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Men of the Labour Battalions

Ottoman labour battalions (Turkish language: Amele Taburları, Armenian language: Աշխատանքային բատալիոն , Greek: Τάγματα Εργασίας, Tagmata Ergasias, but more often the transliterated Turkish name αμελέ ταμπουρού is used) was a form of unfree labour in the late Ottoman Empire. The term is associated with disarmament and murder of Ottoman Armenian soldiers during World War I,[1][2] of Pontic and Anatolian Greeks during the Turkish War of Independence (see: Greek genocide,[3] Central Army.)

Armenians in labour battalions[edit | edit source]

Armenians did not serve in the Ottoman Empire until 1908. Soon after the Young Turk Revolution, which declared that unfair treatments between Muslim and Christian members of the Empire would end; the Armenians, now treated as equal citizens, became subject to conscription like other members of the society. This meant that they had to serve in the military.

On February 25, 1915, the Ottoman War minister Enver Pasha sent an order to all military units that Armenians in the active Ottoman forces be demobilized and assigned to the Labour battalion. Enver ordered that all Armenians in the Ottoman forces, some as old as sixty,[citation needed] to be disarmed, demobilized and assigned to labour battalion units. The Ottoman Army had high rate of desertion, and the number of Armenian deserters appears to have been especially large. Enver claimed Armenian soldiers in the Ottoman Army joined Armenian guerrilla bands or went over to the Armenian volunteer units in the Russian Army.[citation needed]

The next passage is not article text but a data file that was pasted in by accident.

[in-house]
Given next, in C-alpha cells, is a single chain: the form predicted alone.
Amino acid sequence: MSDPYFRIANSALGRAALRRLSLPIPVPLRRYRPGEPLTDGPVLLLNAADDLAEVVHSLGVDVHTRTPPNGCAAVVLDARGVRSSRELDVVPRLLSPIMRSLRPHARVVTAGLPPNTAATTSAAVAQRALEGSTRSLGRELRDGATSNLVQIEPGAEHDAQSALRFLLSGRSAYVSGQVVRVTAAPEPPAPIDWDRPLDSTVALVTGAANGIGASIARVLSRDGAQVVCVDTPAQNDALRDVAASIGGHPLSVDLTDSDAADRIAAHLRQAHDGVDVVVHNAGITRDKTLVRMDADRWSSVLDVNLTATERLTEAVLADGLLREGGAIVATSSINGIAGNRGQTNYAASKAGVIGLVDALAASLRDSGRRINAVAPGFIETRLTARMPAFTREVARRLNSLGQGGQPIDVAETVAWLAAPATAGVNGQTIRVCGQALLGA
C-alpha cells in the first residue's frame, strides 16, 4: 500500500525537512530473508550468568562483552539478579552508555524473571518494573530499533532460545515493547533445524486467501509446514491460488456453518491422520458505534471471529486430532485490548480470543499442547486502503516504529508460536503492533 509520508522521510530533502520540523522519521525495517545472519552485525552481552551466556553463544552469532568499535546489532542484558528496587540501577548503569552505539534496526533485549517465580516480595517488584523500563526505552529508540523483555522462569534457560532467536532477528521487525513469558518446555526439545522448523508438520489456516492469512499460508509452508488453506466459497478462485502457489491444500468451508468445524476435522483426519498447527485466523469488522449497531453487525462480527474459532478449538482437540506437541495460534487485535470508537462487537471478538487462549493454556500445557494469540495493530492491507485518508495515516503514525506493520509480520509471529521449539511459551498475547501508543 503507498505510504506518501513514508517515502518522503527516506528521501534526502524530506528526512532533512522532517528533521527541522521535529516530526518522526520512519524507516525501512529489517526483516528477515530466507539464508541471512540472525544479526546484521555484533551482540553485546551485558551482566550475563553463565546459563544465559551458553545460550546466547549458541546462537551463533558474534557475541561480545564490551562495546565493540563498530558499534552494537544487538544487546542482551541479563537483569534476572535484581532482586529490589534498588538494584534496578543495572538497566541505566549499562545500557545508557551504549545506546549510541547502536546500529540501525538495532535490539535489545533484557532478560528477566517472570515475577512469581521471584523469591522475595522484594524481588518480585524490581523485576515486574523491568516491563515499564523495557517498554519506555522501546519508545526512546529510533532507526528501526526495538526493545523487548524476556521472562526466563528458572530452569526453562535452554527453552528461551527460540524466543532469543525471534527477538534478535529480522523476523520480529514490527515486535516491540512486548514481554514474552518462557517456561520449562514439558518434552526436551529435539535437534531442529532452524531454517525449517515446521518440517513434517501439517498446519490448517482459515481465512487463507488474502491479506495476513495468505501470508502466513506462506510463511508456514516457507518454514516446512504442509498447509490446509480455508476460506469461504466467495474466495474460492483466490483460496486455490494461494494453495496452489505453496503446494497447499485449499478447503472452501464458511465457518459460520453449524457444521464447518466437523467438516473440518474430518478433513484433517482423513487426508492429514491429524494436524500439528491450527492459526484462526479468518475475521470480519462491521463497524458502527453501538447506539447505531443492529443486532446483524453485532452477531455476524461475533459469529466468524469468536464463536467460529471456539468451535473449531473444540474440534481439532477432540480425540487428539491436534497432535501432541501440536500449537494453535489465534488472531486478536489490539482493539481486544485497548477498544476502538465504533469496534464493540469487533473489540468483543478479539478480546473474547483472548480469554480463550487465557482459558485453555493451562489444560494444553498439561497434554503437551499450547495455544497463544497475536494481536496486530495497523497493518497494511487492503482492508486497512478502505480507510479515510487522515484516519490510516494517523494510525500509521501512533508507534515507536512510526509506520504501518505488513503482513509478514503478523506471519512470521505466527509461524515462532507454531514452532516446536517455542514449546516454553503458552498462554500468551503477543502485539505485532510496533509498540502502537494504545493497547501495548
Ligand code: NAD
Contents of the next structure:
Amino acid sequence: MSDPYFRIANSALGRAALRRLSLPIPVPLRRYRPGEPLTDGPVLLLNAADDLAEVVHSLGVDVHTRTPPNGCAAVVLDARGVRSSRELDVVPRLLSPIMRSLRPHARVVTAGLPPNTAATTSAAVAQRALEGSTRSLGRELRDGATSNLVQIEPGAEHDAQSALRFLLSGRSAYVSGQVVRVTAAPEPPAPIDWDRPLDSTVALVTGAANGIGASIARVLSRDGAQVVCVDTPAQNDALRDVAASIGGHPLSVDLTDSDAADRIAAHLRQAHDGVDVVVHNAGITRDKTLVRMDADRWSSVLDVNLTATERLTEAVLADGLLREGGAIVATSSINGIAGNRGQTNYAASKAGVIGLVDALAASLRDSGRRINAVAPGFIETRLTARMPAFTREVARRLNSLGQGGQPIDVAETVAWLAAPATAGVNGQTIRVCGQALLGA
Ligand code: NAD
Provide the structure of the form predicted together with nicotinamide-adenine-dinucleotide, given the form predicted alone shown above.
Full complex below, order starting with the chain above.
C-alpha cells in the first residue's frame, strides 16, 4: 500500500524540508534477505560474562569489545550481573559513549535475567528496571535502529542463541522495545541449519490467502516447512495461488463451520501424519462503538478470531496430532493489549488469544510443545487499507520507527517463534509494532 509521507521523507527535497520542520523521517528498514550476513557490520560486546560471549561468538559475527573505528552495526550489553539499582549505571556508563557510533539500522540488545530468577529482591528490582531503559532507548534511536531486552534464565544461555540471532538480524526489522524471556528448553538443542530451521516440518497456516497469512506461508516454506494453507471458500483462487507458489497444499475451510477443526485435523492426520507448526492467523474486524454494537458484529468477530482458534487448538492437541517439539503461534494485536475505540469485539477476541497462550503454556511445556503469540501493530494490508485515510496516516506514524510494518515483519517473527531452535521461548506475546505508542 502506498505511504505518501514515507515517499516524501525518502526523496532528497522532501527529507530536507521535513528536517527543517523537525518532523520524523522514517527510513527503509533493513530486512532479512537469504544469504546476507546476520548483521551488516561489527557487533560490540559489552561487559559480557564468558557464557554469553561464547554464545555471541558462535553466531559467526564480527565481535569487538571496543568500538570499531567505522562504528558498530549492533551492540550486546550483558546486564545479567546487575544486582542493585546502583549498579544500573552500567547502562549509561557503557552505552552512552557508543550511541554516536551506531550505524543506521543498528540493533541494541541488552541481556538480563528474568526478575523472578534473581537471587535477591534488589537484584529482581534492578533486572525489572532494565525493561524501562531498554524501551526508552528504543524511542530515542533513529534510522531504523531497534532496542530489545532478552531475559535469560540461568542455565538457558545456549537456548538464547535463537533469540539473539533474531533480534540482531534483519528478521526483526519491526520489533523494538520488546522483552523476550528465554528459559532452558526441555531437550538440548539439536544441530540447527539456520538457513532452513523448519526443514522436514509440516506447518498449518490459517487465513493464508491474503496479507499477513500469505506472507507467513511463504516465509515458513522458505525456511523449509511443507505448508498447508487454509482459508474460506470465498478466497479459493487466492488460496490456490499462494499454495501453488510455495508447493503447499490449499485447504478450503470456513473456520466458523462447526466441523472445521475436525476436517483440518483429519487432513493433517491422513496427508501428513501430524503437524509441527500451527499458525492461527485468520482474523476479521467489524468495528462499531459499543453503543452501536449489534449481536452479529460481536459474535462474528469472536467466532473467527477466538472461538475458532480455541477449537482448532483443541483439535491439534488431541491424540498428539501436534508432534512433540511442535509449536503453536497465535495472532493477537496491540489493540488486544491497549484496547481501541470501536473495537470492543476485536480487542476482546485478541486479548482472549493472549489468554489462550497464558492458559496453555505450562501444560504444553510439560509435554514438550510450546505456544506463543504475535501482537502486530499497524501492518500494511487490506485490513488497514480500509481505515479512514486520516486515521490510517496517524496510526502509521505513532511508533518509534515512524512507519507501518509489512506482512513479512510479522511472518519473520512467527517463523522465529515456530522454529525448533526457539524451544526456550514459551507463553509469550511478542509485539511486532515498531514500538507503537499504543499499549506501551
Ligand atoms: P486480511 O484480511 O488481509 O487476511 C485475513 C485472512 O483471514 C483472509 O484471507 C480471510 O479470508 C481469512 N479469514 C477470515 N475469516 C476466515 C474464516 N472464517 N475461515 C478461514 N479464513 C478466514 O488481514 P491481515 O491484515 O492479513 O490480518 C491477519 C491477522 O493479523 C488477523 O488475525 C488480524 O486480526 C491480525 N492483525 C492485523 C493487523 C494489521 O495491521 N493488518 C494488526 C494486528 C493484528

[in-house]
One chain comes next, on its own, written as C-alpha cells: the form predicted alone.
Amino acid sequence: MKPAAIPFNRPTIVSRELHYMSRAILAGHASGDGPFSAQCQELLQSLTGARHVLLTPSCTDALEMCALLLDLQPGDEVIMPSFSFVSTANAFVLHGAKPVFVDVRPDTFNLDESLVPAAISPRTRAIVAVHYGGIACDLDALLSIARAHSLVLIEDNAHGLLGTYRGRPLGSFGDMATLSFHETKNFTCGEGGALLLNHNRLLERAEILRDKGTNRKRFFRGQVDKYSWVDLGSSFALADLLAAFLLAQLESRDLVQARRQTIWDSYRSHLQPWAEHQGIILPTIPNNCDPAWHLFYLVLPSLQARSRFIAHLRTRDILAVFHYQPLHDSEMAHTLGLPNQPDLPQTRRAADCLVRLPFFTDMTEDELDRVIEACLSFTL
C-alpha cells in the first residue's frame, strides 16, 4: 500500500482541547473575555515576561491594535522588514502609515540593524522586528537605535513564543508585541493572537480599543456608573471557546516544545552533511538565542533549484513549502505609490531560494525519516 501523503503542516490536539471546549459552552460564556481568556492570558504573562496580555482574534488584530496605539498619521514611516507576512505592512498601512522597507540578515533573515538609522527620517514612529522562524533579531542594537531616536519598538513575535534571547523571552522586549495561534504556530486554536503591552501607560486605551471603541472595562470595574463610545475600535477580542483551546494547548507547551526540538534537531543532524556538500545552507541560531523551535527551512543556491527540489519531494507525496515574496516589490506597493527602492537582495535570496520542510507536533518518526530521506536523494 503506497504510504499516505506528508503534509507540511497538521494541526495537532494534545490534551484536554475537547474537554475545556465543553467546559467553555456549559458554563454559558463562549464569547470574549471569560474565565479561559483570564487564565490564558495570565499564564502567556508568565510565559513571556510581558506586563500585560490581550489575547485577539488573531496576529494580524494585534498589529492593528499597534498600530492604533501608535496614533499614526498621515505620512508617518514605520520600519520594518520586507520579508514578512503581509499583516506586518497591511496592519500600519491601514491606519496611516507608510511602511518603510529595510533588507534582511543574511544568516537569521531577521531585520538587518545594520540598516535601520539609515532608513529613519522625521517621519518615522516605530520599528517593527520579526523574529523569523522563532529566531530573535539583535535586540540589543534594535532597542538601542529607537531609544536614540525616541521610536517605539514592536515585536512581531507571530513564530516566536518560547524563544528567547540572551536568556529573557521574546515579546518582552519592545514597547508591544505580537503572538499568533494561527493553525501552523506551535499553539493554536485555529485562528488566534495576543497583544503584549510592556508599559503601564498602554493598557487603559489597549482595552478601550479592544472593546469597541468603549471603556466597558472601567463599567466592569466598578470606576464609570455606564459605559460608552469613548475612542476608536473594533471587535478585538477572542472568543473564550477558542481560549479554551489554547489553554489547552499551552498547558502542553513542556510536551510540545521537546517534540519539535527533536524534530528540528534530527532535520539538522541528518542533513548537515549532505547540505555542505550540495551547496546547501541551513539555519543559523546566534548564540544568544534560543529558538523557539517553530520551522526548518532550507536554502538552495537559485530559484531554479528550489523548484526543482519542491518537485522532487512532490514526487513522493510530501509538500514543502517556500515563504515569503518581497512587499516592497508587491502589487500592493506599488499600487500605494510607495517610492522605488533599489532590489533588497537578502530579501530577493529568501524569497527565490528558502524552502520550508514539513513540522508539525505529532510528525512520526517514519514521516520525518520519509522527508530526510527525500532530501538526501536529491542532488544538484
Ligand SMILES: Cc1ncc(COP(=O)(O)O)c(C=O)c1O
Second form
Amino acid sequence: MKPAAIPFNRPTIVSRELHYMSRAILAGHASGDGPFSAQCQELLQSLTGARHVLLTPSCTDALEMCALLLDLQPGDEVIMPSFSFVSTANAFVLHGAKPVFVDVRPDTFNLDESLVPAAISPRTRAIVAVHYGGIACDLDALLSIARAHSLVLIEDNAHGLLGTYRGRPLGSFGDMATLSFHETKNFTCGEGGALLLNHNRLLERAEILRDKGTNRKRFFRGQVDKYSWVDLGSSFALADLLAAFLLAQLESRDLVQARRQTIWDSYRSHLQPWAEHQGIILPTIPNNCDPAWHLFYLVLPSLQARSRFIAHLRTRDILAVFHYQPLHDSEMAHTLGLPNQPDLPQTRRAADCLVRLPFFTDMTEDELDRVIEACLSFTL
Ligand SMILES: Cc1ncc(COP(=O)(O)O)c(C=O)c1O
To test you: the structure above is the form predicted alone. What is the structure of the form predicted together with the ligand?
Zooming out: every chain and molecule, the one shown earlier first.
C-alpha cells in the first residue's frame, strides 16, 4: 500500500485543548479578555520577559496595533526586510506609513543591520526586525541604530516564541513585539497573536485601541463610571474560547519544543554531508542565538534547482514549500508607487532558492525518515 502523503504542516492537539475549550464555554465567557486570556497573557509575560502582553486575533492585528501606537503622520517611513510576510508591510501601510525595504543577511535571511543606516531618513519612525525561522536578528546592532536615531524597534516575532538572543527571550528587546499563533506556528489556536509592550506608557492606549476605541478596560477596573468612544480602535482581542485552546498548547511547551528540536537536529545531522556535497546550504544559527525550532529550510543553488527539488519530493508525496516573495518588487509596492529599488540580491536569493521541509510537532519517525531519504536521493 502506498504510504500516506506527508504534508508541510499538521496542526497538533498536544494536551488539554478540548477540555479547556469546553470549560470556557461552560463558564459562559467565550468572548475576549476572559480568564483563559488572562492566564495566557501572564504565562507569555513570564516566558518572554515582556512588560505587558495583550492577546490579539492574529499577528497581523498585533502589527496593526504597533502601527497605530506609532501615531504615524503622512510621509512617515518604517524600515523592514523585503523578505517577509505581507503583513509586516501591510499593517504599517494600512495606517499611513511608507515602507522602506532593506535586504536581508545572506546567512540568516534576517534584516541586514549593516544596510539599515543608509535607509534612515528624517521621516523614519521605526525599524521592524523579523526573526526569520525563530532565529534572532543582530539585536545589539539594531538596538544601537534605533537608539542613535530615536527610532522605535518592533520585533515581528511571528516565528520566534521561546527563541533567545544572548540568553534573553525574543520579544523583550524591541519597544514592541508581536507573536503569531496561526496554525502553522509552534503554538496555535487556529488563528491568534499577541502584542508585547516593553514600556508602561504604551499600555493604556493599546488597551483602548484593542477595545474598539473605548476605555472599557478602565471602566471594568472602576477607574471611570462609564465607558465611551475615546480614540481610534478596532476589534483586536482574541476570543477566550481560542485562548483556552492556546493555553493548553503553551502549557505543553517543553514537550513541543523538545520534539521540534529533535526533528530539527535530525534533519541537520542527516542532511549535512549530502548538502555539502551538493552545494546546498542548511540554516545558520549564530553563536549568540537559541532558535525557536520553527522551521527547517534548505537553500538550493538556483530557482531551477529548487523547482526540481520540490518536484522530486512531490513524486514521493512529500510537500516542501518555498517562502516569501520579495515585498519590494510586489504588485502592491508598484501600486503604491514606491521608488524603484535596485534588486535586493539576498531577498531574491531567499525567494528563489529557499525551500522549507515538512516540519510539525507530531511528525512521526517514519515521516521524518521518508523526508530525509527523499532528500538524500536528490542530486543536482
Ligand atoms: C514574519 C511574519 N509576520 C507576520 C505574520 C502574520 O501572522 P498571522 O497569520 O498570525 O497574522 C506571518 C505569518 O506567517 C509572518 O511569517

Depictions[edit | edit source]

The Greek novelist Elias Venezis later described the situation in his work Number 31328 (Το Νούμερο 31328).

Leyla Neyzi has published a study of the diary of Yaşar Paker, a member of the Jewish community of early 20th century Ankara who was drafted to the Labour Battalions twice, first during the Greco-Turkish War (1919-1922) and then during World War II in which Turkey did not take part. Neyzi's paper on the basis of Paker's diary published by Jewish Social Studies presents an overall picture for the conditions in these battalions, which were composed entirely of non-Muslims.[4]

References[edit | edit source]

  1. Foreign Office Memorandum by Mr. G.W. Rendel on Turkish Massacres and Persecutions of Minorities since the Armistice, March 20, 1922, Paragraph 35
  2. USA Congress, Concurrent Resolution, September 9, 1997
  3. Notes on the Genocides of Christian Populations of the Ottoman Empire
  4. Strong as Steel, Fragile as a Rose: A Turkish Jewish Witness to the Twentieth Century, Leyla Neyzi paper on the basis of Yaşar Paker's diary published in the Jewish Social Studies in Fall 2005

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